Internet providers spent millions of dollars to flood the Federal Communication Commission with fake comments supporting its net neutrality repeal, The New York Times reports.
New York Attorney General Letitia James said Thursday that internet companies used a group called Broadband for America to spend $4.2 million to fund about 8.5 million fake comments in 2017.
Broadband for America’s members include AT&T, Comcast, Charter, and others.
Almost all of the comments were signed by people who had not agreed to use their names on the comments, according to James. Some of the names were obtained in earlier marketing efforts.
The FCC approved the repeal of net neutrality rules in 2017. Supporters of the repeal cited the large number of comments submitted to the agency backing the repeal.
Investigators said Broadband for America “commissioned and publicized a third-party study” on the number of comments and briefed the FCC on their findings.
“Significant red flags”:
James said Thursday that there is no evidence that Broadband for America was aware of the fraud but said that several “significant red flags” appeared “shortly after the campaign started, and continued for months yet still remained unheeded.”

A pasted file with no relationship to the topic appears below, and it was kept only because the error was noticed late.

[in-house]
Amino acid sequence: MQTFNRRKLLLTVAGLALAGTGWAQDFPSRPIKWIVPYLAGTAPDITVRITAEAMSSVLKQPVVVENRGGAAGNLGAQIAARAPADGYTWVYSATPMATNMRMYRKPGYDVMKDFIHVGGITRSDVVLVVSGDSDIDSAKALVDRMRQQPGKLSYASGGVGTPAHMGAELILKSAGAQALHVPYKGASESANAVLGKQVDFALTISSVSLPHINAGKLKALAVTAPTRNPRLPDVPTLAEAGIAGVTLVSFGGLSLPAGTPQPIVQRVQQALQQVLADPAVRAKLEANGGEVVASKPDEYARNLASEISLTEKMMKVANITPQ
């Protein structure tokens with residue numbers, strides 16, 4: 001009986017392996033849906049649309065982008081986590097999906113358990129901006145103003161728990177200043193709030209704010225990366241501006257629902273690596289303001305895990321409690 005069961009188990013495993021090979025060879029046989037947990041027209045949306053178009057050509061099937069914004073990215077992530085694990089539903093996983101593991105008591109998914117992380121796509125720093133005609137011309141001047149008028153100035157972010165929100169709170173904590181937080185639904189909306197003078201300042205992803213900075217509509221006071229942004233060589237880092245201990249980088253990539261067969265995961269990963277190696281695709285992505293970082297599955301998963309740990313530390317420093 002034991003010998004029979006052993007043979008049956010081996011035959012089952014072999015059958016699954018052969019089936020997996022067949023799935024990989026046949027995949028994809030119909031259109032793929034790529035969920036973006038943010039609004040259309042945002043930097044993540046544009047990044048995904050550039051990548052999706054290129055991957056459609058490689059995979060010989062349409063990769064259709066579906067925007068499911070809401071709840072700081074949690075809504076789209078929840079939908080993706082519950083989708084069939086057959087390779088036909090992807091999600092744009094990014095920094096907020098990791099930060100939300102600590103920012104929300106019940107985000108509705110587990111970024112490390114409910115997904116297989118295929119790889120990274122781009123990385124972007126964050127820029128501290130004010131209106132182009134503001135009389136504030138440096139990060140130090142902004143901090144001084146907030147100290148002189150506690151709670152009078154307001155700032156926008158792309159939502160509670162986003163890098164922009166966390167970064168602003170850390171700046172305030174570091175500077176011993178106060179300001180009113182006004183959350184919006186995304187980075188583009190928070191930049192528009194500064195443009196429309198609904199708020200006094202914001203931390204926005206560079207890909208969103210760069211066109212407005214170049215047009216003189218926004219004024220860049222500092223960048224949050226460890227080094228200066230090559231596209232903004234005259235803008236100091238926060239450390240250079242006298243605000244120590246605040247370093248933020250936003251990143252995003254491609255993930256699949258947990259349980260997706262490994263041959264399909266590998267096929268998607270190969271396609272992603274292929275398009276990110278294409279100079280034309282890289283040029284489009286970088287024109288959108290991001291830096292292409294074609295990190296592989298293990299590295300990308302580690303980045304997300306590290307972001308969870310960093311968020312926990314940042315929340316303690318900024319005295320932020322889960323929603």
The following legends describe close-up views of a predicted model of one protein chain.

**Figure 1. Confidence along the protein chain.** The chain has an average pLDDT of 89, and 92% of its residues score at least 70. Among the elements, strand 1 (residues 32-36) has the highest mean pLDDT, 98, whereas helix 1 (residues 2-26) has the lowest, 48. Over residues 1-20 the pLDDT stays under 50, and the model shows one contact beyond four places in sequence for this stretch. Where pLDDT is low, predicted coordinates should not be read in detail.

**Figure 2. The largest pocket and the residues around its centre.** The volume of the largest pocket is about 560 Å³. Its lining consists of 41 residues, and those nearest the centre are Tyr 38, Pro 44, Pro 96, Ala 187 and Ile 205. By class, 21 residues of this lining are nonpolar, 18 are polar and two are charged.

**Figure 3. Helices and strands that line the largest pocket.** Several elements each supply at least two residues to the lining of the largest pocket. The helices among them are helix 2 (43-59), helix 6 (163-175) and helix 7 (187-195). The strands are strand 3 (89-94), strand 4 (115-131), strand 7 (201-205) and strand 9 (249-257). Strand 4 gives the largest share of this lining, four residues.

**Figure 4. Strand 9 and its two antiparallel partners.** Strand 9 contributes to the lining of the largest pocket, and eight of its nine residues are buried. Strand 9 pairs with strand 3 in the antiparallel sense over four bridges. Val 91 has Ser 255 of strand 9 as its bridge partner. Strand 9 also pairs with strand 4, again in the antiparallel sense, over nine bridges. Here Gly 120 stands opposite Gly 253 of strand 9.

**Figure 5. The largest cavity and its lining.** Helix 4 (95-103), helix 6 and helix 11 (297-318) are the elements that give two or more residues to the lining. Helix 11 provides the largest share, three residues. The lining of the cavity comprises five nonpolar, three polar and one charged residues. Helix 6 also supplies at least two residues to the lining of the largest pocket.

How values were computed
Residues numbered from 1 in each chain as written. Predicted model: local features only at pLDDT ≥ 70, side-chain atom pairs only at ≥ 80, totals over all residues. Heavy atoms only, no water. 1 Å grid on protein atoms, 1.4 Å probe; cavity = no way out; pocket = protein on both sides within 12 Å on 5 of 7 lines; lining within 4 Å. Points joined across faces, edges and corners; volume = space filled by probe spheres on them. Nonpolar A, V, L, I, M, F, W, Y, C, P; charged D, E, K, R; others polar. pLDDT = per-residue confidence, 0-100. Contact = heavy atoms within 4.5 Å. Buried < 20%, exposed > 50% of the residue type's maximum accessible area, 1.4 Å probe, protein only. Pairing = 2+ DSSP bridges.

“Instead of actually looking for real responses from the American people, marketing companies are luring vulnerable individuals to their websites with freebies, co-opting their identities and fabricating responses that giant corporations are then using to influence the policies and laws that govern our lives,” James said.
James’ office said that it had reached agreements with three lead generation services involved to disclose to individuals how their information is being used and to pay over $4 million in penalties.
Companies aimed to give FCC chief “cover”:
Then-FCC Commissioner Ajit Pai announced in April 2017 that the agency planned to repeal net neutrality rules. Broadband for America began paying lead generation services millions around the same time to generate comments to the FCC.
Investigators said the effort was intended to give Pai “cover” to repeal the rules.
In total, about 18 million of the 22 million comments sent to the FCC were fake. A 19-year-old student was responsible for more than 7.7 million of them.
“The public record should be a place for honest dialogue, but today’s report demonstrates how the record informing the F.C.C.’s net neutrality repeal was flooded with fraud,” Jessica Rosenworcel, the chairwoman of the activist group Fight for the Future, told the Times. “This was troubling at the time because even then the widespread problems with the record were apparent.”